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China downplays economic advances

As China becomes the world's second-largest economy, officials are trumpeting the nation's problems, especially rural poverty. It's a mix of shrewd tactics and ingrained humility.

August 20, 2010|By Barbara Demick, Los Angeles Times

Reporting from Beijing — Who me, rich and powerful? China's official reaction this week to its latest milestone — surpassing Japan to become the world's second-largest economy — has been more modest than boastful.

Rather than flaunting its newfound status, China, the world's most populous nation but still roughly 100th in per capita income, is going through contortions to show that it really isn't that successful at all.

Since Monday, when Japan released economic data showing that its gross domestic product for the second quarter had slipped behind China's, Beijing has been trumpeting its shortcomings. In news conferences, on talk shows and in editorial pages, commentators have hastened to pooh-pooh the statistics, saying they are wrong, misleading or meaningless. They compare China not to Japan or the United States, but to Albania; both have annual per capita income of about $3,600.

This has not been a time for the Communist Party to boast about the fact that under its leadership, China has chalked up annual growth rates averaging 9% for the last two decades.

"There is little celebration in this land," sniffed the English-language China Daily in an editorial Thursday. "We have no time to be intoxicated by big numbers."

At a briefing Tuesday in Beijing, a Foreign Ministry official, Zhu Honghai, gave a lengthy enumeration of China's weaknesses: rural poverty, social disparities and low levels of investment in education, medical care and social security. Commerce Ministry spokesman Yao Jian advised reporters that "there are 150 million people who can't even reach the standard of $1 per day.... That's a fact about China."

On the talk show "Today Observed" on CCTV, economists chatted about why Chinese shouldn't be happy about overtaking Japan, while a flashing headline accused the foreign news media of "trying to flatter China to death."

A strange turn of phrase in a country where the foreign news media is often accused of "China bashing."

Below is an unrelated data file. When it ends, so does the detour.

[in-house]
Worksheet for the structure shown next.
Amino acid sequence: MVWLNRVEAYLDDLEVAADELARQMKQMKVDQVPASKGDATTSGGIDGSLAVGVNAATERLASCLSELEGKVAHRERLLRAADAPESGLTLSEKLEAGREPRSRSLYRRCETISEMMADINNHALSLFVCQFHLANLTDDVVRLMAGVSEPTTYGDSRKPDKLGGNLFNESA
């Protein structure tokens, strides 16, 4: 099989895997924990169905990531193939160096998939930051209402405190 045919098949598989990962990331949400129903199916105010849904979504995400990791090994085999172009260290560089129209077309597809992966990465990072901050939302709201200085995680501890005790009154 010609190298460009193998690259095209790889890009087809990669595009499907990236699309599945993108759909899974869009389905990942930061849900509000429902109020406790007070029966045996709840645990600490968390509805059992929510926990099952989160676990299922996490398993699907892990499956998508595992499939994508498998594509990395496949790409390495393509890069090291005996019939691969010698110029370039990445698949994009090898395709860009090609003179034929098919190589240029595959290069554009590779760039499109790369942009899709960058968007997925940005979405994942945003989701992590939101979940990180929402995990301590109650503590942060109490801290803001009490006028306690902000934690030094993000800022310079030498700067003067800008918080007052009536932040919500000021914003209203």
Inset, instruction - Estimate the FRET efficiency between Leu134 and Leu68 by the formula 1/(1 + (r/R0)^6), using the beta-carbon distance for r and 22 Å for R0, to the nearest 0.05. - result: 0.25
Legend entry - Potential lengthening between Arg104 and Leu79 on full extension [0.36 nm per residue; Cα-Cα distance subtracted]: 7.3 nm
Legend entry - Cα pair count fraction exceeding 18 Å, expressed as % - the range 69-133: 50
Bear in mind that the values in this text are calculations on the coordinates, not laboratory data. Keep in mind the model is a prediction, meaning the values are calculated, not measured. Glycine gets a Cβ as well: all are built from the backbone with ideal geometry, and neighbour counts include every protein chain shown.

What, beyond truthfulness, is behind all the self-deprecation?

"China has played the underdog and victim for a long time and they're used to that role," suggested Patrick Chovanec, an associate professor at Tsinghua University's School of Economics and Management in Beijing. "There is an adolescent quality of not being comfortable with what you're becoming."

By insisting that it is still a "poor, developing nation," a phrase Beijing officials often repeat like a mantra, China is also able to beg off demands in negotiations over issues varying from climate change to trade balance.

"You have this strange contradiction. China is proud of what it has accomplished and wants to be a power, if not a superpower, but it feels if it is no longer seen as a developing country that would harm its interests," Chovanec said.

To some extent, China's expressions of humility might be a cultural reflex.

"As Chinese, we do things differently from the West. We are used to keeping a low profile and not bragging about any single achievement," said Zhang Yansheng, an economist at the National Development and Reform Commission. "And this is a country with such a long history that we know, no matter how much you achieve you might lose it."

Zhang points to the example of Japan, which in the mid-1990s enjoyed a per capita income well above that of the United States, but has since slipped behind.

The Japanese Cabinet reported Monday a second-quarter gross domestic product of $1.29 trillion, dropping behind China's $1.34 trillion in the world rankings (although China's per capita income remains one-tenth that of Japan's). Economists had anticipated China would overtake Japan sometime this year, with 2030 often mentioned as the year the Chinese economy is likely to move ahead of the United States'.

Some Chinese analysts believe that it was the spate of natural disasters — and the money poured into relief and rebuilding — that allowed China to move up the statistic ladder.

"The Chinese are not in high spirits at the moment," said Shi Yinhong, a professor of international relations at Beijing's People's University. "We feel that we still face so many difficulities and that we have not a friend in the world."

barbara.demick@latimes.com

Times staff writer David Pierson and researchers Tommy Yang and Nicole Liu in The Times' Beijing Bureau contributed to this report.

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